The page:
Why we see so many people come here with dying fish.

xxBarneyxx

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So I had 30 minutes to kill today so thought I would take a quick look in the pets at home that was nearby. The fish actually looked fairly healthy but jeez the bad information in this place. Its no wonder we see half a dozen new fish keepers posting about their fish dying every week.

Pets at home method for setting up a new tank:
Fill with water, add heater, filter etc.
Leave to settle overnight.
Test the water (what?!?)
Buy your fish.

They have a fish number system. So a tank has say 16 fish points and a tetra may be like 2 points. The point system takes no consideration for anything else such as shoaling, aggression, water parameters, etc.

Nowhere is there any mention of the nitrogen cycle.

It's easy for us in the know to say people should be doing thier research but when you go to a popular pet store with little to no knowledge and this is what your are presented with you have no reason to not trust it.

I know it's frustrating seeing the same issues come up over and over again and having to try and explaining cycling and fish requirements every few days but if it wasn't for forums like this then these people (and their fish) would never have a chance.
 

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Ichthys

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This is exactly why there should be enforceable standards for retail outlets. There is a law in the UK called the Animal Welfare Act. But you don’t need to abide by it because it is not policed, especially for fish.
There are also moral standards, that P&H are blatantly not the slightest bit interested in.
When I’m President, P&H will be prosecuted (successfully, under existing laws), and banned from selling animals, period.
 

Myraan

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The worst thing is the "1 day" sticker; I wonder what is under it? If it's one or two weeks I bet the better staff used to advise people on at least trying to instant cycle with bottled bacteria or perhaps trying to plant cycle.

I bet head office got wind and figured less dead fish translates to less sales when people come in for replacements to top up to the fish points allowed.

The good staff likely got fired for not following management instructions, which is sad - because I have good from one or two staff at my local Pets at Home.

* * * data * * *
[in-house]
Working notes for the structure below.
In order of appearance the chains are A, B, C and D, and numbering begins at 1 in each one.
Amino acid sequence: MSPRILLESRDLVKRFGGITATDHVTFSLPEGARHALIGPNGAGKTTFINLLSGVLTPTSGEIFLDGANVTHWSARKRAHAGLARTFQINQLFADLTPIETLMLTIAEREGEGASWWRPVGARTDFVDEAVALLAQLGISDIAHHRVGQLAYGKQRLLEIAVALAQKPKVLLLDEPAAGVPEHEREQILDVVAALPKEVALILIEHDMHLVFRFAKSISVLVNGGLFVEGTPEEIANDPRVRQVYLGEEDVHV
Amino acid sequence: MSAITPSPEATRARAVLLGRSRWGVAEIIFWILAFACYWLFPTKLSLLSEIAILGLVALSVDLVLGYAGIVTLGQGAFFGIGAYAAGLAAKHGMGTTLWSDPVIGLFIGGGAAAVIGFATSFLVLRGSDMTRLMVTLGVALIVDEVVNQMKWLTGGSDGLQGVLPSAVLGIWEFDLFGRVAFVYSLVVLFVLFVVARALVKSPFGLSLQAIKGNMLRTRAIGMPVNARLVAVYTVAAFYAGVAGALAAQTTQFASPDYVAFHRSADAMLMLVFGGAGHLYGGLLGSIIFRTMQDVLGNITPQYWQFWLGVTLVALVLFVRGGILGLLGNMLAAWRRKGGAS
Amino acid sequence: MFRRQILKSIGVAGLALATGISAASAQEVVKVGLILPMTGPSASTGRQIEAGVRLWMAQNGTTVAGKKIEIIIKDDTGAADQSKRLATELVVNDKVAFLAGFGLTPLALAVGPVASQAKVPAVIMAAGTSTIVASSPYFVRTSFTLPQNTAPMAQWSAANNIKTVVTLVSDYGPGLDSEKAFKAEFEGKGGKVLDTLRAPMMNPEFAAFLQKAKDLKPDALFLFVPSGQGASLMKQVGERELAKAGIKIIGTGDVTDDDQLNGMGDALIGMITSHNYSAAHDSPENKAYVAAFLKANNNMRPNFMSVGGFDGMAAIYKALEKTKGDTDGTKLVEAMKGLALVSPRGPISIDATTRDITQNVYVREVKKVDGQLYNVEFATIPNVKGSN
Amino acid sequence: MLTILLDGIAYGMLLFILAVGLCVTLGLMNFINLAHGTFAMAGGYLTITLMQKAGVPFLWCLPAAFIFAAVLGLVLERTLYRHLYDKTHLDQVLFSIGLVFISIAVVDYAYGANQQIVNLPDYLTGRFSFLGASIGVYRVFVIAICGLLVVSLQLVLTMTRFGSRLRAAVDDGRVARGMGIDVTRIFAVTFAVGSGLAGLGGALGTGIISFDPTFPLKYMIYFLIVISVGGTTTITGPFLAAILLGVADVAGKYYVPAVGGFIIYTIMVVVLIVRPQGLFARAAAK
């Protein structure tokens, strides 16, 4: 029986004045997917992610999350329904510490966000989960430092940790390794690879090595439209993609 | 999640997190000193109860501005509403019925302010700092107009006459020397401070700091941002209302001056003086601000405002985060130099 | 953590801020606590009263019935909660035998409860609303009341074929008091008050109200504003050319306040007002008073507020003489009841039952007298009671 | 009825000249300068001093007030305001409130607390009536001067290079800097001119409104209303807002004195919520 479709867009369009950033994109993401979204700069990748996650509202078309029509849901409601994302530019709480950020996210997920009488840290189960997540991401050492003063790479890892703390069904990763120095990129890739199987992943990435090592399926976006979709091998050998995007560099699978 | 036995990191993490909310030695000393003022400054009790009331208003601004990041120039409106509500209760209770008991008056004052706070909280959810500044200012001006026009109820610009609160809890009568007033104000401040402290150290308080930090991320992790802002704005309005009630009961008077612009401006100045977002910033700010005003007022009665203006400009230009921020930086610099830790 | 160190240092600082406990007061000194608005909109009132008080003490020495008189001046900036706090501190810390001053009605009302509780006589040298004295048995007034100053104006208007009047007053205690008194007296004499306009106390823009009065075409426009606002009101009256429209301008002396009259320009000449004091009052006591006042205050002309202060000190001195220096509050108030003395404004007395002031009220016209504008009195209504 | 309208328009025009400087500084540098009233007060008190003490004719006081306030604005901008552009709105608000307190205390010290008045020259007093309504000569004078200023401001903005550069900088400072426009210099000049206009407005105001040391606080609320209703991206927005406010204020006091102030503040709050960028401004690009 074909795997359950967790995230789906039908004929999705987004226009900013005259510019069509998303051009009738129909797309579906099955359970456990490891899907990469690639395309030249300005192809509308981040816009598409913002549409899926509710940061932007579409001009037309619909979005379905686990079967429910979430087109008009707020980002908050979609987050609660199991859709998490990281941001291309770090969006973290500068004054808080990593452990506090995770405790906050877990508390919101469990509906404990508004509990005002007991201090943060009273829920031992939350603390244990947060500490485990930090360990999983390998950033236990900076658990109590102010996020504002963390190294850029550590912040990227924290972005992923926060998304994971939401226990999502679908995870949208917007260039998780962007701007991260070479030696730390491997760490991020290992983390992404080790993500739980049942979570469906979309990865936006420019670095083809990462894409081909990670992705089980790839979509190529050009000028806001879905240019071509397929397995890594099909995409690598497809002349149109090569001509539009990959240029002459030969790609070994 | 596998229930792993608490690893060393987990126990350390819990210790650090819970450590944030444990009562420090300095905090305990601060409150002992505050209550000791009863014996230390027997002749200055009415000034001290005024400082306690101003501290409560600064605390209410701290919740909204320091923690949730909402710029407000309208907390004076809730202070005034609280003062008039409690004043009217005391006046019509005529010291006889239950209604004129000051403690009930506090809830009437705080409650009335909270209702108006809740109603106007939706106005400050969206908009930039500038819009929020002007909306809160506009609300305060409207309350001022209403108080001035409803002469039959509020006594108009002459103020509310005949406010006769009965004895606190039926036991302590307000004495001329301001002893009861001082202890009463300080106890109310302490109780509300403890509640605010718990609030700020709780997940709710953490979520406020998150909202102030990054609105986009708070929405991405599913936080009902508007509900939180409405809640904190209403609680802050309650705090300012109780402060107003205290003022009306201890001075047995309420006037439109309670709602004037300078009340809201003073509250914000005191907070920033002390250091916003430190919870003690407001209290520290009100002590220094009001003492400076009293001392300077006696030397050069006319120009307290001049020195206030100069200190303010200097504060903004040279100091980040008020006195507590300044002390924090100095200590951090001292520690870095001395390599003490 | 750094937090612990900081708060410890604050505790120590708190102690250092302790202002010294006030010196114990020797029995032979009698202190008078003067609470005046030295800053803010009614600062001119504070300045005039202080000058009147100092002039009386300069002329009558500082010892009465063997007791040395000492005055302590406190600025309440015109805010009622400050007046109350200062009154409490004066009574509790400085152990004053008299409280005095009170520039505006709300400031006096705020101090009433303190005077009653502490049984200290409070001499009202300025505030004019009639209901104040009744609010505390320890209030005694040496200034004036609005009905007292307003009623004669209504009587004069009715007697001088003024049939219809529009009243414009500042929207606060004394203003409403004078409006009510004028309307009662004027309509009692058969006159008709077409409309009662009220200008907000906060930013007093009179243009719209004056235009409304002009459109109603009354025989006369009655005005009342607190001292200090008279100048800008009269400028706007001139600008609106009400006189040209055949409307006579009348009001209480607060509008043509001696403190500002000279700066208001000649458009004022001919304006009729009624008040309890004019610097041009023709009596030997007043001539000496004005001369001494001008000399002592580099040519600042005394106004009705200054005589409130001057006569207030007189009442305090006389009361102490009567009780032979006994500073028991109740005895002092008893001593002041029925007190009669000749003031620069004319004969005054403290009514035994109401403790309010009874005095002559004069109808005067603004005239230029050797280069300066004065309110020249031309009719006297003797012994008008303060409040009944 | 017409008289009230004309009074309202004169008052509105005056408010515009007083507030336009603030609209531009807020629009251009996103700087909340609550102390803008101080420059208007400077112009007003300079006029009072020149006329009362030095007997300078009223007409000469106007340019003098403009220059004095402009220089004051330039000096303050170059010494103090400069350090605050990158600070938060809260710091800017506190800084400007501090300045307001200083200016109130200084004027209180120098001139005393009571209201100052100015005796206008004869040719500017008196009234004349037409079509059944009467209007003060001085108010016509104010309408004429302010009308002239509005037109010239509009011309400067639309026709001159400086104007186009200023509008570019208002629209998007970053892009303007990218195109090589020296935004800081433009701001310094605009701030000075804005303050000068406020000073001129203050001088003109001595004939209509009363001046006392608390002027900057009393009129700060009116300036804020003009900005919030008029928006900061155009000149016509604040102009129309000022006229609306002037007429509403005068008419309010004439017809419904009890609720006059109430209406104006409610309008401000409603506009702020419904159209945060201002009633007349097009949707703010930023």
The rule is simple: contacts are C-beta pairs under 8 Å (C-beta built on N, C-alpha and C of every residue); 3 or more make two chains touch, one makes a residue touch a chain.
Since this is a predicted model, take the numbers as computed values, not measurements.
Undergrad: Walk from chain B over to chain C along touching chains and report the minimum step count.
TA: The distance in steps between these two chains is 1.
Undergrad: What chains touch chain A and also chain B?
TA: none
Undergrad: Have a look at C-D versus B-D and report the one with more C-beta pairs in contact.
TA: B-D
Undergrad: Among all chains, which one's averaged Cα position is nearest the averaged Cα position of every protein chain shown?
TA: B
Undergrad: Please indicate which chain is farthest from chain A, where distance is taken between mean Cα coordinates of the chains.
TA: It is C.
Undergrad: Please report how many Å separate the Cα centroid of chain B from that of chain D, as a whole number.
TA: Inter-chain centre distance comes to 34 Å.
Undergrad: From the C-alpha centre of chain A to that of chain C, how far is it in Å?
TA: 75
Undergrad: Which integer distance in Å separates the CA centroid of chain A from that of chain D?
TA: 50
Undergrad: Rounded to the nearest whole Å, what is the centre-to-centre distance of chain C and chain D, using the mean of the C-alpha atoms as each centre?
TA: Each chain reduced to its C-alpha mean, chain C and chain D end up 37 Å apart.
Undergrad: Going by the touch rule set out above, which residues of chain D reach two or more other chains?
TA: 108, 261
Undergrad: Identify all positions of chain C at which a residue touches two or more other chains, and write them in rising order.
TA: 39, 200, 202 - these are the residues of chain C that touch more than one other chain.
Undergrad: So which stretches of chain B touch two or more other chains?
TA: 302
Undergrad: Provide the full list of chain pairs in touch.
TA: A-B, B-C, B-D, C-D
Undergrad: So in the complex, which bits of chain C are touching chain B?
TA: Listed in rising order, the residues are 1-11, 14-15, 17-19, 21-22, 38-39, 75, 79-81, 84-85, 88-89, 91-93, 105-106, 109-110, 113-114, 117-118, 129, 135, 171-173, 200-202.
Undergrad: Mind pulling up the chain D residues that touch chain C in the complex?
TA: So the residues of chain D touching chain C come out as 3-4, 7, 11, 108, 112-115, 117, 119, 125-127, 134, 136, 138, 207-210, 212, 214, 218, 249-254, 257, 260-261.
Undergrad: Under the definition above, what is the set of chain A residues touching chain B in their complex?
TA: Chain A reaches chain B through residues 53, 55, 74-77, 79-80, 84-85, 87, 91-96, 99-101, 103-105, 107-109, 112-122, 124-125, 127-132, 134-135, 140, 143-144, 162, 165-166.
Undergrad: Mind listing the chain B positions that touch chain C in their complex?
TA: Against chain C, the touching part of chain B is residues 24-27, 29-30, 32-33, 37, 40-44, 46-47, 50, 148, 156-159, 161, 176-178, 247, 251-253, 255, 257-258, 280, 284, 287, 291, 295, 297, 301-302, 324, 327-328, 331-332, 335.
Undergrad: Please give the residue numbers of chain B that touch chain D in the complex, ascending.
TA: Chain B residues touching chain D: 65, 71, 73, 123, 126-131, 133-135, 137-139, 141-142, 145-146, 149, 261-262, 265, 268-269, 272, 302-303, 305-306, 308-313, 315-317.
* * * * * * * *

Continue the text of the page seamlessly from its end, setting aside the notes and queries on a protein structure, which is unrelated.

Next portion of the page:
Well technically, any cruelty will be blamed on the customer, that's probably why they slip in the test the water thing is there. If ever the water is bad I bet the the staff are not even allowed to give instructions on fish in cycling, they are probably told to try to sell API snake oil of some form.
 

Bruce Leyland-Jones

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At my local P@H, there are staff who know about fish and those who don't. Thankfully, those who know are in the majority and these guys keep fish at home.
Manys a good, long conversation has been had.
Unfortunately, those higher up the chain are genuine idiots when it comes down to fish welfare and dictate the rules that the staff HAVE to apply and follow, even though they know it's all mainly nonsense.
They also know that the Great British Public is also, by and large, ignorant and resistant to any education.
Many see the pretty colours, they want and they want it NOW!
(And that's apparently before children get involved, who view the store as a free zoo to play in).

For those in the know, the store can be useful and the staff who keep fish are always well worth tapping into.

For those who don't, (and these apparently form the majority of the customers), then it's left to the likes of this Forum and others to pick up the pieces.
 

Playsander

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I cringe every time I am in P@h and see a family with small children buying a tiny tank and being told to come back when it's settled to buy their fish. They will overstock it and all those nice fishies will perish in front of them.

A hard lesson to learn.